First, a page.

Religion continues to remain one of the most touchy and emotive issues which human beings generally abstain from thinking about rationally. Either we follow it blindly, or we prefer to not talk about it at all. It is surprising that despite religion holding sway over most of the things that we do in our lives, we rarely indulge in a rational inquiry of the ‘performance’ of religion. The very idea that religion can be evaluated or should be evaluated scares us.Has it delivered anything noble apart from bloodshed and mutual hatred, to humanity? The question is complex and certainly cannot be answered in terms of a simple yes or no. Thus, what is required today is the brewing of a strong public discourse analyzing the efficacy of religion in modern times.
The exact number of religions in the world is unknown, but the available estimates show the number to be around 4300, as per Adherents.com. However, only two religions can claim more than one billion adherents each. Christianity has approximately 2 billion and Islam 1.3 to 1.5 billion believers. Interestingly, over 1.1 billion people identify as agnostics, atheists, nonreligious or secular. This number is higher than the estimated number of adherents of Hinduism, the third largest one. Conventionally, it is any cultural system of designated behaviors and practices, world views, texts, sanctified places, ethics, or organizations, which relate humanity to the supernatural or transcendental . Religions relate humanity to what anthropologist Clifford Geertz has referred to as a cosmic “order of existence”. However, there is no scholarly consensus over what precisely constitutes a religion ( Source: Wikipedia). All differ from one another and historically some have even originated as a response to the other. For instance, in the Indian subcontinent, Buddhism arose in response to the exploitation which Hinduism demonstrated against the lower castes or the Shudras. In Buddhism, it preached in the languages of the common people – Pali and Prakrit, the marginalized sections found solace.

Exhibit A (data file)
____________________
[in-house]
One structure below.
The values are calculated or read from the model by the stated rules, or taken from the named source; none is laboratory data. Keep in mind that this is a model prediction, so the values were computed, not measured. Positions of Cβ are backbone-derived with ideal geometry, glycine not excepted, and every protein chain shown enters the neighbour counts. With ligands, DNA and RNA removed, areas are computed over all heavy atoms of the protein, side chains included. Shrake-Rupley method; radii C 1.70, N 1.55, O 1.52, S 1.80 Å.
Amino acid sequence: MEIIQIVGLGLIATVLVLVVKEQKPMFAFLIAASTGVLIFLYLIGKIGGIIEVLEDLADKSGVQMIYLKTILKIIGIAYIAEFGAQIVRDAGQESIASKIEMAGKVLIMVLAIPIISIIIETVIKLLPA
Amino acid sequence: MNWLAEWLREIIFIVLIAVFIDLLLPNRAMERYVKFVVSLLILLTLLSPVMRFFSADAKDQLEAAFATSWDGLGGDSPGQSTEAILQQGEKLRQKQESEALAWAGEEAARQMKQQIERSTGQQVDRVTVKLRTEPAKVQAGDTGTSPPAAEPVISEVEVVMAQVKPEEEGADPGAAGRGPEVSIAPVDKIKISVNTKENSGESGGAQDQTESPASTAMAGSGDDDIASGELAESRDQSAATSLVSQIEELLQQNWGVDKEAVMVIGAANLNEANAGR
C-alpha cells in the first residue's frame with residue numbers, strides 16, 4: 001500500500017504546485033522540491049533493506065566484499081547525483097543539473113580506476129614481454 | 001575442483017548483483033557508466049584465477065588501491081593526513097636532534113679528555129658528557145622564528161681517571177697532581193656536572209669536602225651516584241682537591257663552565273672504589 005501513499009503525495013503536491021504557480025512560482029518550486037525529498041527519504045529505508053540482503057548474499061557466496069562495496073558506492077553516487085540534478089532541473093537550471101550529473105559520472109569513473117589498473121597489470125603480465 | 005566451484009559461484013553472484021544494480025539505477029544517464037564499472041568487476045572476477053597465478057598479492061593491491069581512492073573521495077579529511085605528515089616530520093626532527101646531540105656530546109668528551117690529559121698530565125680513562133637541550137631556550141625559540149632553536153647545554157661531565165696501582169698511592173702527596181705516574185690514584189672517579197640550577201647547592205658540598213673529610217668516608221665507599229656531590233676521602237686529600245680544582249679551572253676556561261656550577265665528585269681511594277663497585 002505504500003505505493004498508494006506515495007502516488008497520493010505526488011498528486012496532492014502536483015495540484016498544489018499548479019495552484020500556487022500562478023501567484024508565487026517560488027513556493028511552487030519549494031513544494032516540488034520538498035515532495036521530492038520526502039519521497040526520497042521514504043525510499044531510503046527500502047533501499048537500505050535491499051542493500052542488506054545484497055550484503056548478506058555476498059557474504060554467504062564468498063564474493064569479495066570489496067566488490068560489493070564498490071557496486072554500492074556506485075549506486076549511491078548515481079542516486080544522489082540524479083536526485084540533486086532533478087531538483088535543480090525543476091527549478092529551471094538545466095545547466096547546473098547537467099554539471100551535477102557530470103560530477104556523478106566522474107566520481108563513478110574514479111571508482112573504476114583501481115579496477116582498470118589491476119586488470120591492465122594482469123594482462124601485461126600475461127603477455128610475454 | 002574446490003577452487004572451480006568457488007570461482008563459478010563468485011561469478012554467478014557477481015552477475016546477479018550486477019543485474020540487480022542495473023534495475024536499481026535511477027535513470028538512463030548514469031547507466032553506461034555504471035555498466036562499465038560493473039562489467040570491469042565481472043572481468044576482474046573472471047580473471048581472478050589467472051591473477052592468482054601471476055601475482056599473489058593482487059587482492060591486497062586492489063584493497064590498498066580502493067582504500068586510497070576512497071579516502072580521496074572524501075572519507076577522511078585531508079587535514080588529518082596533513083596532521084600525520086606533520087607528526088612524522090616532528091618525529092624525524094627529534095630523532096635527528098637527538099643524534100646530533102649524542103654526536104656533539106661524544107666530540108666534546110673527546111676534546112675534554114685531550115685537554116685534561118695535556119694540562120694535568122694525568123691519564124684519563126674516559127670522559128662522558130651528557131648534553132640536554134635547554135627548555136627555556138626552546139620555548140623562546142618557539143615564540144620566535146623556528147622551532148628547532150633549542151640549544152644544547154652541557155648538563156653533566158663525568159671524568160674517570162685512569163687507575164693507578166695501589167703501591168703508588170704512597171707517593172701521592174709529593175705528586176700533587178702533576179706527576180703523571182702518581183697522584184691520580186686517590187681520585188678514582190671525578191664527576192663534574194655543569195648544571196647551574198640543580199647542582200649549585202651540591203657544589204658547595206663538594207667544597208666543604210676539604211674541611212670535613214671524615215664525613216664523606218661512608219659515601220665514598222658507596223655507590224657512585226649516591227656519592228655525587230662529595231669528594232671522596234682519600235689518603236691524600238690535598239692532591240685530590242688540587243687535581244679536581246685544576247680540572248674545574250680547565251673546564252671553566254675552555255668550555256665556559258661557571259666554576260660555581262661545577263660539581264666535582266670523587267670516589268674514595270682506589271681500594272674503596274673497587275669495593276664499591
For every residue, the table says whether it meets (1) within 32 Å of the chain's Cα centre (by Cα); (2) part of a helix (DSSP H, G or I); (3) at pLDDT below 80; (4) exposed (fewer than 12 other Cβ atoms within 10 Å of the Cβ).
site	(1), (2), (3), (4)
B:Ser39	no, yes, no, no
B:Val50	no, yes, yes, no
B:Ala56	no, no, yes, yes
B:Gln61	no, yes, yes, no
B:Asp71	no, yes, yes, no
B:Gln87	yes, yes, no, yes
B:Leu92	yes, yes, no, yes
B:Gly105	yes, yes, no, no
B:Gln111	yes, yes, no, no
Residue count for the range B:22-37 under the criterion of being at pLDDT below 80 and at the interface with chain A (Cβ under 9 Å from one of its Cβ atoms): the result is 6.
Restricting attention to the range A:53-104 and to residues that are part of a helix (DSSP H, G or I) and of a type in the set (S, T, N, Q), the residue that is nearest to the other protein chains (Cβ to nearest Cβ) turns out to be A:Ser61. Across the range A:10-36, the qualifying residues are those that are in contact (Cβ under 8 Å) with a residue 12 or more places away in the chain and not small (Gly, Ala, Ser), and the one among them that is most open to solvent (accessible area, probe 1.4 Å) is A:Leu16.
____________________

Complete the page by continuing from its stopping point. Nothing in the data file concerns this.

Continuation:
However, one common ground where all converge is that they all encourage human beings to attain what is regarded as ‘good’ in their respective society. Besides salvation, all religions strive to make humans more ethical and moral creatures. Thus, theoretically, all preach to make the world a safer and more peaceful place. Yet, history is testimony to the occurrence of the Crusades, Jihad etc., that is wars in the name of religion. It has been a source of wars and bloodshed for eternity. From Dharma Yudhas in ancient times to the Partition of the subcontinent in 1947, which has remained the source of conflict in society. The politics of communalism and xenophobia are grave manifestations of how it has modified itself in modern political parlance.
Two forms :
From the above discussion, it might seem that there exists a fundamental problem within all religions that propel people to fight against each other. But it is too early to jump to such a conclusion as denouncing it completely for its apparent ‘misuse’ is a naive judgment. Every religion can be classified into two forms – in its first form the religion constitutes a non-institutionalized form, where the middleman, that is, the clergy is non-existent and humans directly establish a link with the divine. In this noble form, the religion encourages human beings to fulfill higher ends. However, there also exists another form, one in which religion refers to the organizational structure, or the institutionalized form. In this form, religion is governed not by personal agency but by those who regard themselves as the contractors of religion, that is- the clergy. Unfortunately, it is in this second and distorted form that has taken over the ‘nobler’ form of religion. Today, most of the people who claim to be the adherents of any religion, are in reality, the followers of this nexus of hierarchical religion. Communalism also traces its genesis to this institutionalized as the so called guardians of it have a vested interest in maintaining religious animosity.
Hence, it is the need of the hour to propagate it in its true form – the non-hierarchical and non-institutionalized form, that is- religion being practiced by each individual as s/he deems fit. Religion should also be subjected to the scrutiny of public good as only what liberates people, and breeds mutual cooperation and harmony should be interpreted as religion. What the great Mughal Emperor of India, Akbar, sought to experiment with, namely the positive ideals of all religions in the form of the promulgation of Din-i-illahi, a syncretic creed derived from Islam, Hinduism, Zoroastrianism, and Christianity, is a formula worthy of emulation.
– Contributed by Suryansh
Picture Credits: mosesmadison.org